7 Signs You’re Brushing Your Teeth the Wrong Way
Of course we all brush our teeth daily. But are we doing it right? Here are top mistakes to look out for, and fix if need be:
You‘re brushing only twice daily, or worse, once: From breakfast to dinner is a long gap of 14 hours, enough time for bacteria to build up. Brushing after lunch keeps those germs at bay.
You brush after every meal or snack: Well, there is such a thing as ‘too much brushing.’ Yes, bacteria does build up in the mouth after you eat, particularly after a sugary snack, but brushing immediately afterwards can cause tooth sensitivity, because the environment within is still acidic. A good, vigorous rinse with plain water is what you need. And 30 minutes after eating, go ahead and brush. But dentists warn that those who brush four times a day or more are in danger of exposing the root of the tooth and eroding the protective enamel.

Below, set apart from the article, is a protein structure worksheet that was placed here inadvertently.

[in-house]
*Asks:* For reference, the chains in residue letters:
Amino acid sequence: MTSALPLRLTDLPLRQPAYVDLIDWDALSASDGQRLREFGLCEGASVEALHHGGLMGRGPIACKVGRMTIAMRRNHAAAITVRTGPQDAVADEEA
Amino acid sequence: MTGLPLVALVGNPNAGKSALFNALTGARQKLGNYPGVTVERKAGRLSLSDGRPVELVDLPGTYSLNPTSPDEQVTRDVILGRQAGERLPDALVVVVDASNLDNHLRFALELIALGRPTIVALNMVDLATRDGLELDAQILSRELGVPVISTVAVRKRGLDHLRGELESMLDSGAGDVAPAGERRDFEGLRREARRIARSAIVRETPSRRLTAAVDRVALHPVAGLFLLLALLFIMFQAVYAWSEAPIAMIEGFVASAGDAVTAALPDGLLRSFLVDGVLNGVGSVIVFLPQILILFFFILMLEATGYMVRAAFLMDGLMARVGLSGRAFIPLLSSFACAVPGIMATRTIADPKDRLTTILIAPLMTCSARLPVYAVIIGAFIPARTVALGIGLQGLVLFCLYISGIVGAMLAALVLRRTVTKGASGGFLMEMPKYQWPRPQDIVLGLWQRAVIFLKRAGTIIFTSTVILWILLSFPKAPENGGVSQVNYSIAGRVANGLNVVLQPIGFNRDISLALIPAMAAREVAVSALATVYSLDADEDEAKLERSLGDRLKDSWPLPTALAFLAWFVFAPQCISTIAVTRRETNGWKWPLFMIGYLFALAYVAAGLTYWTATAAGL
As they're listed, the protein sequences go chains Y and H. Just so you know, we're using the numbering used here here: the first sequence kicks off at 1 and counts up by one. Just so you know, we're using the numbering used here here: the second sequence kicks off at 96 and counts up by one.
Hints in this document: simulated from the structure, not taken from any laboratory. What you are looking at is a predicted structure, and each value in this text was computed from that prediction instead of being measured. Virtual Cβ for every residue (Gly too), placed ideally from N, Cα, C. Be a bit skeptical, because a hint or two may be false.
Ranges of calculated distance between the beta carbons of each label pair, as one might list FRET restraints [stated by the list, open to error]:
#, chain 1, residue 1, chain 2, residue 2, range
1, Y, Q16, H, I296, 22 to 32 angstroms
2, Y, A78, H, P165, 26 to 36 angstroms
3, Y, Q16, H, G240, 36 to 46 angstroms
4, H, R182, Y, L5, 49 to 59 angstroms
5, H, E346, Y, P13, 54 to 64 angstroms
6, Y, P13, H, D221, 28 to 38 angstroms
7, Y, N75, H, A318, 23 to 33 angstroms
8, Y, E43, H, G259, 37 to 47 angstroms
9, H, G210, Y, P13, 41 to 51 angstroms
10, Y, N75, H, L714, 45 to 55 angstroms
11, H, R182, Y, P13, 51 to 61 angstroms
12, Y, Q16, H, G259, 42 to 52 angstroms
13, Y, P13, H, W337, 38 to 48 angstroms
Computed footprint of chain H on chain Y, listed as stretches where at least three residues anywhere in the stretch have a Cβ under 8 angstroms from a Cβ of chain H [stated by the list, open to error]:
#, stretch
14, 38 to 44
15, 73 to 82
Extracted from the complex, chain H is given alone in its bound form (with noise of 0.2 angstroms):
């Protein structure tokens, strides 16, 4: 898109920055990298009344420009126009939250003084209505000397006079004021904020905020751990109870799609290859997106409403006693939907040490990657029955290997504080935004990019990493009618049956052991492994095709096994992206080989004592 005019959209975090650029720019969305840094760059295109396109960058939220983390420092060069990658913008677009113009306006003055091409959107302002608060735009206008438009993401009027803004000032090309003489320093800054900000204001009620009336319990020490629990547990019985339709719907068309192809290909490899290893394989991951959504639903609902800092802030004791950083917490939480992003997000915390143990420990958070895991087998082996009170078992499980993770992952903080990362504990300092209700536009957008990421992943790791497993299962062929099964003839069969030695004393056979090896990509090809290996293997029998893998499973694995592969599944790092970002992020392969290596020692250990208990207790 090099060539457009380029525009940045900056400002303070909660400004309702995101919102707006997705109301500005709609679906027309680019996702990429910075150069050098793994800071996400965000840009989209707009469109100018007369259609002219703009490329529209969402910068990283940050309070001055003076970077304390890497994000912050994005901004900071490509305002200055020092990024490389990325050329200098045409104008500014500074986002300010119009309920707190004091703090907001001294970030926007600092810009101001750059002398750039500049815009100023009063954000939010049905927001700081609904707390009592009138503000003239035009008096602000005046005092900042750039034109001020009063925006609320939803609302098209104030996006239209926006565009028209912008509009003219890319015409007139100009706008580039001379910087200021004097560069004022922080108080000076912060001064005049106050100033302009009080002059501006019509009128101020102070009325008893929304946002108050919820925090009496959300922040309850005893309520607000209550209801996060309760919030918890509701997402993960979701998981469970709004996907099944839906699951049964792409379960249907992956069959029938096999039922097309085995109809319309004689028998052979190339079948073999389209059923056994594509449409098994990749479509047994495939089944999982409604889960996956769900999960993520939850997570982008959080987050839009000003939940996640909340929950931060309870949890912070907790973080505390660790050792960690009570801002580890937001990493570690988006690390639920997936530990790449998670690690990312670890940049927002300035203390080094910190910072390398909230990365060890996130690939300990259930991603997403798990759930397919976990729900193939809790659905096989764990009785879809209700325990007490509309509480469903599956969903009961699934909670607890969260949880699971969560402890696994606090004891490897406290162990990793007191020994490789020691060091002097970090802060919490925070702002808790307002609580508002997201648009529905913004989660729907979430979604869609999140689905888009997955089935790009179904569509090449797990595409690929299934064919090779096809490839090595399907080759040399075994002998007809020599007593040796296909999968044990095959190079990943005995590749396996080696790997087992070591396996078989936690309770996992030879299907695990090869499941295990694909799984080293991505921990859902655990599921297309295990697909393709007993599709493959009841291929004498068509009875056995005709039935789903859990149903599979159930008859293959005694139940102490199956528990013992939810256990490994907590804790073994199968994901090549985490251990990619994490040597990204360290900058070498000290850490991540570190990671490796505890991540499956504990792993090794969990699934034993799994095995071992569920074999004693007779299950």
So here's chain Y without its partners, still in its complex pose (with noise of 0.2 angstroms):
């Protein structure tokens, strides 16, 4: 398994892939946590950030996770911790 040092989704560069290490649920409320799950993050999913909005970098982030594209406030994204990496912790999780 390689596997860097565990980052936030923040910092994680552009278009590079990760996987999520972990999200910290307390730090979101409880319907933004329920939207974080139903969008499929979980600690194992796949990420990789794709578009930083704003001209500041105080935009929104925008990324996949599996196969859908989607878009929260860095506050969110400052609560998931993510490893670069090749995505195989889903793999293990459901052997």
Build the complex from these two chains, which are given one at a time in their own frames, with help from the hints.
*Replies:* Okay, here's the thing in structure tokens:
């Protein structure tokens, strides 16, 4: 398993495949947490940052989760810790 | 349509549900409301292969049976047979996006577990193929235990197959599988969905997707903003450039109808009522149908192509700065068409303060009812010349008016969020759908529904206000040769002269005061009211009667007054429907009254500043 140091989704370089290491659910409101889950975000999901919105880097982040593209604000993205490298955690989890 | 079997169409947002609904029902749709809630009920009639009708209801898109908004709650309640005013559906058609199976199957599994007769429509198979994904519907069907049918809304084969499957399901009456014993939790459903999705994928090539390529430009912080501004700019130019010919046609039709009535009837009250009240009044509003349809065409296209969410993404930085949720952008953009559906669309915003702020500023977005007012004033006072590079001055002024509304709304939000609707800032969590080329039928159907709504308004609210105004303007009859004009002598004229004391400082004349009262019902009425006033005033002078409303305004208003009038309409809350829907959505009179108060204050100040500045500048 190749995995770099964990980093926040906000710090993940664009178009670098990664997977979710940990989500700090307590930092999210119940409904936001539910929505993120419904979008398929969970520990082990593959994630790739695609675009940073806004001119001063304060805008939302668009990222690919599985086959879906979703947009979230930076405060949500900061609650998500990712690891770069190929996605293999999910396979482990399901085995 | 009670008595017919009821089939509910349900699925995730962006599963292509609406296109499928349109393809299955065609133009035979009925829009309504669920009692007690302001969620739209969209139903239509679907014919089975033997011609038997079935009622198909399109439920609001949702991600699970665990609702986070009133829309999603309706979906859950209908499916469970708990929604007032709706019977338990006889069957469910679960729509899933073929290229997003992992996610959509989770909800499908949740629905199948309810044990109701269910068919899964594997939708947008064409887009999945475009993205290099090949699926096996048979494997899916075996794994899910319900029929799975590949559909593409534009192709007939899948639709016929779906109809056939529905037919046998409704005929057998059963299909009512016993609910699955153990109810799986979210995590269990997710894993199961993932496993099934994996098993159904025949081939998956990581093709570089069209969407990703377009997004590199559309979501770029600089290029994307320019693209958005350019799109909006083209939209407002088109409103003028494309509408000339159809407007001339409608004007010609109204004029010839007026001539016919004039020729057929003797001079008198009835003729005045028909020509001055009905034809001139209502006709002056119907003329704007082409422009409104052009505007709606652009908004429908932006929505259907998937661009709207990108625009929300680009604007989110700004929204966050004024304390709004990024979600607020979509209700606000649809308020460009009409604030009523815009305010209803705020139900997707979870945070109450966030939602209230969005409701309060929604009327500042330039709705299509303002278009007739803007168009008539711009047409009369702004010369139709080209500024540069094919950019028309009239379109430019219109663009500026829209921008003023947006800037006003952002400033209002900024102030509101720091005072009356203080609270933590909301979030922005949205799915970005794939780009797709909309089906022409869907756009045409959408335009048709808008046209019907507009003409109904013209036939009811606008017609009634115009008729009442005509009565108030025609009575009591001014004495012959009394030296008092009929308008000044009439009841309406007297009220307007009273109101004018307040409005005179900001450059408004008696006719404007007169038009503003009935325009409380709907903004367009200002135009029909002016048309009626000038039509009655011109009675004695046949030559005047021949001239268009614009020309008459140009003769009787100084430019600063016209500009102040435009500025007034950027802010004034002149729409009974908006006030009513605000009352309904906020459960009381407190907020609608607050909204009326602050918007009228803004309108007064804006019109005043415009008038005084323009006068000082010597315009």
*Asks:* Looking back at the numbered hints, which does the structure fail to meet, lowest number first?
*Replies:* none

You floss after brushing: This is not as effective as flossing before brushing, which opens up the gaps between teeth and allows the fluoride in your toothpaste to seep in better.
Your toothbrush has a large head: If so, it cannot reach the inner corners of the mouth, leaving you with lingering germs, bad breath, and eventually, tooth decay. Use a brush with a small head and soft to medium bristles for best results.
You brush in circular strokes: This no doubt cleans your teeth, but can also slowly erode your gums. The best way to hold your brush is at a 45-degree angle and brush up and down. Keep the pressure gentle; a death grip on the toothbrush is not needed. Stiff bristles and hard brushing can cause inflammation of the gums.
You rinse with mouthwash after brushing: Many of us do this thinking it leaves the mouth cleaner. The truth is, the mouthwash rinses away fluoride, which reinforces the surface of the tooth. So, use mouthwash at least half an hour after brushing.
You‘re not cleaning your toothbrush properly: Replacing your brush in its cap as soon as you are done brushing is a no-no. If you don’t rinse and shake out your brush thoroughly, the leftover bacteria on it can be worse and more numerous than the ones in your mouth! Store your toothbrush upright and let it air dry between brushings.